BJDVD

YDEF logoYDEF training survey 2014

Paul Grant, Ali Chakera, Kelly Cheer, Roselle Herring, Rahat Maitland, Jyothis George, Milan Piya, Stuart Little

Abbreviations and acronymsIntroduction

The remit of the YDEF – an organised collective of registrars and newly appointed Consultants from across the UK – is to promote ‘Education, Representation, and Communication’. In addition to providing educational courses and events, YDEF seeks to improve the quality of specialist education by identifying deficiencies in training, and reporting these to those responsible for organising that training, both locally and nationally, with constructive suggestions for improvements.1

Key concerns in the past have been access to training opportunities in elements of the D&E curriculum such as insulin pump experience or specialist pituitary clinics,2 marked variation in the quality and types of training between centres and the different regions, and the constant dilution of specialist training opportunities by the increasing service demands of general internal medicine – the management of the acute take, and of general medical inpatients.

D&E specialist trainees typically undertake training in GIM in parallel with D&E leading to dual certification. This is not the model for all medical specialties, so the available pool of registrars expecting to undertake general medical work (and training) has contracted, and often comprises only D&E and Elderly Medicine trainees. It has been widely acknowledged that the role of a medical registrar has become increasingly challenging and potentially dispiriting.3 As a result of national targets and financial pressures, hospitals are forced to prioritise acute ‘general medical’ issues over long-term outpatient based specialist care. Coupled to this is the fact that there have been significant changes in the speciality over the years (i.e. increased insulin pump use, expansion of community diabetes care and the introduction of a Speciality Certificate Examination). In addition training schemes are struggling to fill vacancies, which further aggravates the situation, impacting negatively on the perception of D&E as a career. These issues have been acknowledged nationally and addressed in recent reports.4,5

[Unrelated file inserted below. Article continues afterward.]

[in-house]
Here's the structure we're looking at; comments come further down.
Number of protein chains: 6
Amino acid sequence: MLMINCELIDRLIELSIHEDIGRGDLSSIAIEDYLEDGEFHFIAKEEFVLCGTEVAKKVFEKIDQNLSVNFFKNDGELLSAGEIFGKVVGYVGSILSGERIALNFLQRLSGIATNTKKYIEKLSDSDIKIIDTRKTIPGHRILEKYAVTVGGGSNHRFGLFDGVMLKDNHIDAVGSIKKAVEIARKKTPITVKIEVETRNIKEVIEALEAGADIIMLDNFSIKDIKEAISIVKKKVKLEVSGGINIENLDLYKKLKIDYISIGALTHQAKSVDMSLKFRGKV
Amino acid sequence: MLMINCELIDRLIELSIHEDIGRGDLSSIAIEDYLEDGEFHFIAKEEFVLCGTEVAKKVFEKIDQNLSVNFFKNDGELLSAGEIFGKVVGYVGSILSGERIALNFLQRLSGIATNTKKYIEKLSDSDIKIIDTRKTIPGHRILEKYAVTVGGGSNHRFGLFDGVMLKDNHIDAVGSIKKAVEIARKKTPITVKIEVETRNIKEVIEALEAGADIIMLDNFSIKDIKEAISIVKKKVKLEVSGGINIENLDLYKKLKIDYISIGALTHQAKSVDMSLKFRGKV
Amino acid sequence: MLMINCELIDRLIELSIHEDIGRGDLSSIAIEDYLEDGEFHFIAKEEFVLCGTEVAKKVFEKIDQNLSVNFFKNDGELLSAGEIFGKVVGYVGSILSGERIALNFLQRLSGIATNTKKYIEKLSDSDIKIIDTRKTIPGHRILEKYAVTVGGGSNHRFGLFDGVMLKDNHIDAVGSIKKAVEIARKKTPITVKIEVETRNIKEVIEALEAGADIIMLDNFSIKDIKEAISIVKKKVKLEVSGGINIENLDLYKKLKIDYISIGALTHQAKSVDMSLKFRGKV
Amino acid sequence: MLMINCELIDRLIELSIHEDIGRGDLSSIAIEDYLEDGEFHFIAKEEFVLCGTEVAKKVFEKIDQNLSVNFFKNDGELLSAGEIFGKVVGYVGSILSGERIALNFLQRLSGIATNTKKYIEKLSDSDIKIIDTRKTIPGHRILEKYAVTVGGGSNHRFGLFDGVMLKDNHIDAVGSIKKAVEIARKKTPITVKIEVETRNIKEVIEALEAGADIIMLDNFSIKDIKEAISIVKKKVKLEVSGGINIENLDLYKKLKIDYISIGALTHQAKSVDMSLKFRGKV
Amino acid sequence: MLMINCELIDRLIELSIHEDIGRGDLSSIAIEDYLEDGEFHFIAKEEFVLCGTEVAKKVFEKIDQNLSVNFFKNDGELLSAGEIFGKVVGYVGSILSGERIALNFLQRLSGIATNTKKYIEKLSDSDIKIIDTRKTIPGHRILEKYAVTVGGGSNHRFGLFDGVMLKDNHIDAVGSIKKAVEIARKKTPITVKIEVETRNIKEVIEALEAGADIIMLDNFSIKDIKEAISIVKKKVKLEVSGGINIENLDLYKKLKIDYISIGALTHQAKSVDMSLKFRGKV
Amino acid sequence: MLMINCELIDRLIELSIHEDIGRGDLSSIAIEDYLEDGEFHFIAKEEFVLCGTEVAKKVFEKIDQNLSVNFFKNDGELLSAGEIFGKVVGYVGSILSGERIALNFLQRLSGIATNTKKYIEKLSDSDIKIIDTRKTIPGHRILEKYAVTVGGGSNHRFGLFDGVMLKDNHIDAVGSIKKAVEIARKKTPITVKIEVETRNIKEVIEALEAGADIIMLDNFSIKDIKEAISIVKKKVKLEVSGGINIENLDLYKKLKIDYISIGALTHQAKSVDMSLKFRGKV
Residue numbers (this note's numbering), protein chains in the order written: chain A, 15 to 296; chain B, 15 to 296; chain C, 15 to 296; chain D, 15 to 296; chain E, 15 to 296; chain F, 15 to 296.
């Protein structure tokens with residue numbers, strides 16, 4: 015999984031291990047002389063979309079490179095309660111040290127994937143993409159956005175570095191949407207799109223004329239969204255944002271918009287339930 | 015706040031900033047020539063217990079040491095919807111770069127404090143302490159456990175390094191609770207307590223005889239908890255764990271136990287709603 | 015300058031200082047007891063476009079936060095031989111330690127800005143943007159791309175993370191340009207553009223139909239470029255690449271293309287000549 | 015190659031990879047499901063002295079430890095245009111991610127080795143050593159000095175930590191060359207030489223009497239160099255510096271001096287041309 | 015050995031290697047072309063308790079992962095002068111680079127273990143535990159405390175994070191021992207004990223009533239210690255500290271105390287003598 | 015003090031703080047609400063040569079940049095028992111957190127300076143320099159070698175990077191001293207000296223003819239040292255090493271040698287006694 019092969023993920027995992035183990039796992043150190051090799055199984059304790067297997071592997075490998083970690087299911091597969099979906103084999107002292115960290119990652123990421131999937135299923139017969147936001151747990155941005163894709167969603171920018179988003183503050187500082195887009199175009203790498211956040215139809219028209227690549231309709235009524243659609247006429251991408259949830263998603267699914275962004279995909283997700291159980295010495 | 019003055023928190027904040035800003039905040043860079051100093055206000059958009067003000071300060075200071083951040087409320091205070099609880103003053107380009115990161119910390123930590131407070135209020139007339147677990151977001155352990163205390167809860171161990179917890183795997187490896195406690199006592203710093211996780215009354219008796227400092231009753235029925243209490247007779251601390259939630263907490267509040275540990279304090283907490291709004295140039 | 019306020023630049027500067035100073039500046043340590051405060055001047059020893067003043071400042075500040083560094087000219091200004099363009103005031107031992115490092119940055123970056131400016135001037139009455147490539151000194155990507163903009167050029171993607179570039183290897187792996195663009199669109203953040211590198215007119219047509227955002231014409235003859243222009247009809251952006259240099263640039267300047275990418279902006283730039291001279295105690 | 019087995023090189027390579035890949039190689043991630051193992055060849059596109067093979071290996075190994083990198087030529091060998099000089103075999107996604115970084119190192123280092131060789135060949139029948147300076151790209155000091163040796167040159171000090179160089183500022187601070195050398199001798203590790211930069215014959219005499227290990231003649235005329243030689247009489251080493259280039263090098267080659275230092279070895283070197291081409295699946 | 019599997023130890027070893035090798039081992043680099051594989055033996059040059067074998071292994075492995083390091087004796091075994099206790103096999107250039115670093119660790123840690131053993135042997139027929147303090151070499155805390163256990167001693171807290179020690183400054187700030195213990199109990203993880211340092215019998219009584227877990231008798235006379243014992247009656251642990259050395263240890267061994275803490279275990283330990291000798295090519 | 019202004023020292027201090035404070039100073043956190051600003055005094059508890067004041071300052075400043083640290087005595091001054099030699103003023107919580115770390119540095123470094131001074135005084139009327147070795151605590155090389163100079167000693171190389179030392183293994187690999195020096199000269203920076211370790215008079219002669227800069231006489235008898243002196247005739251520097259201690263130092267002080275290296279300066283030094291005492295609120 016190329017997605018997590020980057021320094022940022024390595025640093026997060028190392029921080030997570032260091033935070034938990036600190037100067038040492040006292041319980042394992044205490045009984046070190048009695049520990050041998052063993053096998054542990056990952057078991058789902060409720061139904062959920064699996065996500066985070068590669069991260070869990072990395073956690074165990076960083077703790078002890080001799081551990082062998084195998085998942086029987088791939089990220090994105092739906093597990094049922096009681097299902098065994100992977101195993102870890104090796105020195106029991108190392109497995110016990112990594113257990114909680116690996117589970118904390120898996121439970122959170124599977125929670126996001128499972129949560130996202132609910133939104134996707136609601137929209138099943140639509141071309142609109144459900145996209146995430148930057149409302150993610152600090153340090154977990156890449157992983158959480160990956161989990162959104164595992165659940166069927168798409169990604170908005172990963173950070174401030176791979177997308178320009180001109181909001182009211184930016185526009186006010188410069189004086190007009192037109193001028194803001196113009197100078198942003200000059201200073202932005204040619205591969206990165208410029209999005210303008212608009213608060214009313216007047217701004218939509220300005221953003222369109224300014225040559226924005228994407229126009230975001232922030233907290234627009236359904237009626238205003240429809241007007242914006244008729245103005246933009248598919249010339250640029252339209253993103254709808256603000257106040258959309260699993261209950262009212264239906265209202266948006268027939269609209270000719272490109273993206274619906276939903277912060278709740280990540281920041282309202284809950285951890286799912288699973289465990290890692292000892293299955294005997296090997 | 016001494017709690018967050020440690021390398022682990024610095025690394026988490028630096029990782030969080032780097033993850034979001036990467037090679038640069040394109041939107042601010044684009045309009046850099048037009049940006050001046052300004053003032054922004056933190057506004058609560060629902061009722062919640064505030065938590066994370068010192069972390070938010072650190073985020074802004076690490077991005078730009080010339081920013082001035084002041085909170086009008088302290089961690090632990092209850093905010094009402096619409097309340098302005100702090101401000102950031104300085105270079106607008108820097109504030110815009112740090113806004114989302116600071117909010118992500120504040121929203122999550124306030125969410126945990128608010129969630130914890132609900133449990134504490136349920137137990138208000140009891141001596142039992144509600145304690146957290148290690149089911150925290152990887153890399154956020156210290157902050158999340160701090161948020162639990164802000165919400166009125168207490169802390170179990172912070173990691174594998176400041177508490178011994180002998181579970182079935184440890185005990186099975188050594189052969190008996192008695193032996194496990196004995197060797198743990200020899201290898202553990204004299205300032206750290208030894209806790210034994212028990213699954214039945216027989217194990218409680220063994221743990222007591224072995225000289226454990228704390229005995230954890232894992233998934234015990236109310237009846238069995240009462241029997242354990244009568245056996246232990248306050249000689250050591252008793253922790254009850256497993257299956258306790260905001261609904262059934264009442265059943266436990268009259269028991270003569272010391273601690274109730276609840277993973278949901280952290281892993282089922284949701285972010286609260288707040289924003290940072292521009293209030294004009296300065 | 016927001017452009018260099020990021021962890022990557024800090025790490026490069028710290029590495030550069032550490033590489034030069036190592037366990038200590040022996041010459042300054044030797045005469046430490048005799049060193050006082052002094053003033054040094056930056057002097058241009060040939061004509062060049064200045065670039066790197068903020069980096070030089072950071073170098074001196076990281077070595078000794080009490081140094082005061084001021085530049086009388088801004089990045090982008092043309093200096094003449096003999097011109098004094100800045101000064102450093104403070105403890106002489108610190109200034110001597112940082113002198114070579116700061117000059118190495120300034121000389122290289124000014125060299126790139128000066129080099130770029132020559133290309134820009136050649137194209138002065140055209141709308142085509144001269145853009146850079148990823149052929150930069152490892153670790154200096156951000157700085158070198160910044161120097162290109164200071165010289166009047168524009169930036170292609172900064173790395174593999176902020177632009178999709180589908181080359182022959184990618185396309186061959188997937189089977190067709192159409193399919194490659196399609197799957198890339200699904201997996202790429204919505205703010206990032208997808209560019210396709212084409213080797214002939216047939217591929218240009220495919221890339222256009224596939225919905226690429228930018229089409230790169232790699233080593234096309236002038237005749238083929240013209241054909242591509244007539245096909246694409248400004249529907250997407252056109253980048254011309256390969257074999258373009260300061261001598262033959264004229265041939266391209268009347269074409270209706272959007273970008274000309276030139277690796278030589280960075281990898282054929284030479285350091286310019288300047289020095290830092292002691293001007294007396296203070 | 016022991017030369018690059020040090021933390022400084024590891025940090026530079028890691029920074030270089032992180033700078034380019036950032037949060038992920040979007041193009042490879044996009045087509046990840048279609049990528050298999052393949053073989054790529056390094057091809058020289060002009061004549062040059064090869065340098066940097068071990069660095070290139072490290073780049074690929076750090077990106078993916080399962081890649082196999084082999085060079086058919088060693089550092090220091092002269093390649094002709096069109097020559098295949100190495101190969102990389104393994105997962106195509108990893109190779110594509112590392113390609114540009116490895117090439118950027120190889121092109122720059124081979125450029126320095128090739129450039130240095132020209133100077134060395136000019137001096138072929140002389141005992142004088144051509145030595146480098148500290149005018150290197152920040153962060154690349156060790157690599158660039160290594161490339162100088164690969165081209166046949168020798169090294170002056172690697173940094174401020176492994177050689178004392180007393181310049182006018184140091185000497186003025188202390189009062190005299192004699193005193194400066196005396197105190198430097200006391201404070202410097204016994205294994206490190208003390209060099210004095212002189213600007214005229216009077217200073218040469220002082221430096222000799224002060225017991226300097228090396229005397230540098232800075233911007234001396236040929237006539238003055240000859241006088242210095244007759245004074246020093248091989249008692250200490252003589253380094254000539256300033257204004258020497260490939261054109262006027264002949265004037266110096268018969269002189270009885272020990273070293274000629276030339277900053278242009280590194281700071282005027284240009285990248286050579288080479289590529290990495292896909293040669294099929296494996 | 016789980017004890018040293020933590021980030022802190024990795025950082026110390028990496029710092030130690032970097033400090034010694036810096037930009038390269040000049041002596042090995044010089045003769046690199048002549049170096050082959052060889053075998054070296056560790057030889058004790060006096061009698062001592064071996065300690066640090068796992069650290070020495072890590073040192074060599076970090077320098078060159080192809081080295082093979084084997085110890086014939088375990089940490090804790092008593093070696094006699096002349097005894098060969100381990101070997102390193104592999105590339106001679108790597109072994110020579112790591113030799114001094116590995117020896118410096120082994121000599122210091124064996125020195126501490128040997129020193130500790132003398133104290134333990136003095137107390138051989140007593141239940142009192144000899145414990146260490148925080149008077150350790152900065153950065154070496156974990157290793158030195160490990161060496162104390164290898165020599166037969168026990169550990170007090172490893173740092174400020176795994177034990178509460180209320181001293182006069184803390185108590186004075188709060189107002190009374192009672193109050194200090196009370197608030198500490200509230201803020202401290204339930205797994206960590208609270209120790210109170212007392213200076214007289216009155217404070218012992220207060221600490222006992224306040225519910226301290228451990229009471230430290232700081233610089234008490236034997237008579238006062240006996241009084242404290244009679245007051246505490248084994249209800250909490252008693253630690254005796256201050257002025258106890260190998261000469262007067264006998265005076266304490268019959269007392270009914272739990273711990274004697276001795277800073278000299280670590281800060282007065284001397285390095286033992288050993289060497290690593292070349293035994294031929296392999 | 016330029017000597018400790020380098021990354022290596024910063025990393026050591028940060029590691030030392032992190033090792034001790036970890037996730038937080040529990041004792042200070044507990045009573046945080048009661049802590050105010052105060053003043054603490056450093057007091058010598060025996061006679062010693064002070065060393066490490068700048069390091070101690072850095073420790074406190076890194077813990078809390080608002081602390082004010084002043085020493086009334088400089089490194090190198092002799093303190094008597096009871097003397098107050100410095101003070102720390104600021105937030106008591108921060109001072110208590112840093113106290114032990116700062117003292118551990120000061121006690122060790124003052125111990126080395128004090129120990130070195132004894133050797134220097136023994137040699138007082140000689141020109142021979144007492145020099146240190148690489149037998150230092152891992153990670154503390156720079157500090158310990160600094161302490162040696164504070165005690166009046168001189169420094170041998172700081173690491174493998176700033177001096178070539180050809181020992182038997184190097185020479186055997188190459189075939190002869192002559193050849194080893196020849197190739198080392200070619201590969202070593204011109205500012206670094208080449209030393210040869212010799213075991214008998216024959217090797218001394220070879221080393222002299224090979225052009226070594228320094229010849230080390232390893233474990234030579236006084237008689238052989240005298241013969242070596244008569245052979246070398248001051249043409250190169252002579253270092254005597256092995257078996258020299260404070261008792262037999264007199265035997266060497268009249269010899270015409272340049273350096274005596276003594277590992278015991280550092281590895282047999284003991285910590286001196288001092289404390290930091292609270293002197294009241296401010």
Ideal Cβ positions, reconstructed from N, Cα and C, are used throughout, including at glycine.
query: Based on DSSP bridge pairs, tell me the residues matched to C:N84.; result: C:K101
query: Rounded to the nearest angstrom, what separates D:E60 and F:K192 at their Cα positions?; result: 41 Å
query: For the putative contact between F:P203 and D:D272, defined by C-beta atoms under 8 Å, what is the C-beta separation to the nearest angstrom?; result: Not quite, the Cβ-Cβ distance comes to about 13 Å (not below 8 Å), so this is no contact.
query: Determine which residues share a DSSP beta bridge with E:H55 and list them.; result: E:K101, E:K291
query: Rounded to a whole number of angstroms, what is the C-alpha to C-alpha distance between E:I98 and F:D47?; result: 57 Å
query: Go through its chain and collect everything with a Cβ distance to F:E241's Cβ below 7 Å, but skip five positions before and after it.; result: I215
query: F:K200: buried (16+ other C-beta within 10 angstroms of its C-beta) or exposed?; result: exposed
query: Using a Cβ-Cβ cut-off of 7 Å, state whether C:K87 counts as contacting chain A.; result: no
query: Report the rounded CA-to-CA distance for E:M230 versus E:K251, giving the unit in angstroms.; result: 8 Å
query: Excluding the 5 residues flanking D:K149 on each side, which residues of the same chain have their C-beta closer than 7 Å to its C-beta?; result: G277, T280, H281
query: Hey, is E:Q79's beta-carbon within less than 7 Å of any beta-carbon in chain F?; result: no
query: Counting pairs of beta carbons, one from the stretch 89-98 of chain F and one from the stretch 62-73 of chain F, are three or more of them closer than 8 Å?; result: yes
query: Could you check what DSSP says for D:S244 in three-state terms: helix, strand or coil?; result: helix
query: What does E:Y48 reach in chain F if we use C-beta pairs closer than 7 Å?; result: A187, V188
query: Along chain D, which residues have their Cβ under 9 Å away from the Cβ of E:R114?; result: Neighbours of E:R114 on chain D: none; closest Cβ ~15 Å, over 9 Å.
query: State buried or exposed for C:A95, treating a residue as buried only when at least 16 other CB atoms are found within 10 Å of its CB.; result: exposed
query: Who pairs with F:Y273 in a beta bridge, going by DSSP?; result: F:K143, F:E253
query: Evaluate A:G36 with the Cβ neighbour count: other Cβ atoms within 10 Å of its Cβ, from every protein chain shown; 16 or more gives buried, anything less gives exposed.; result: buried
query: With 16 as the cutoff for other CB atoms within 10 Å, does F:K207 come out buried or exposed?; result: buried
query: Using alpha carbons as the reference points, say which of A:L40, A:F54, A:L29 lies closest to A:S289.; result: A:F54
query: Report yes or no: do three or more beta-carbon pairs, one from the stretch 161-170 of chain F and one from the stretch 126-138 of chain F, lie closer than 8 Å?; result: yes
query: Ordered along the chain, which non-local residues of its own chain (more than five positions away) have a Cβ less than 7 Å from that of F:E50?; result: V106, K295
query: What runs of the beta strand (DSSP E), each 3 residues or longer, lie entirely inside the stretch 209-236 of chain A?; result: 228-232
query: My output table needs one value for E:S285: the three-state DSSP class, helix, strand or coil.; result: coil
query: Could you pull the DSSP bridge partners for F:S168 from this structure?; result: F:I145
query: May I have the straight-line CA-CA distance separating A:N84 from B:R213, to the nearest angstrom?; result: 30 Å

There has not been a comprehensive national training survey for some time6,7 and it is important to obtain an up to date ‘state of the nation’ picture of current issues to ensure that the YDEF’s activities, as well as those of other bodies responsible for providing and improving specialist D&E training, remain focused on the needs of trainees.8

Methods

The YDEF Training Survey was launched at its annual meeting in March 2014. It was modelled on the recent oncology registrars' training study.9 It included questions covering domains of training such as the balance of time spent between different specialities, the demands of service provision, experience of appraisal and assessment, availability and uptake of study leave, time spent 'out of programme' and measures of the quality and satisfaction with practical experience in the workplace. In addition to quantitative data, respondents were encouraged to add free text responses to explain their answers and provide qualitative information.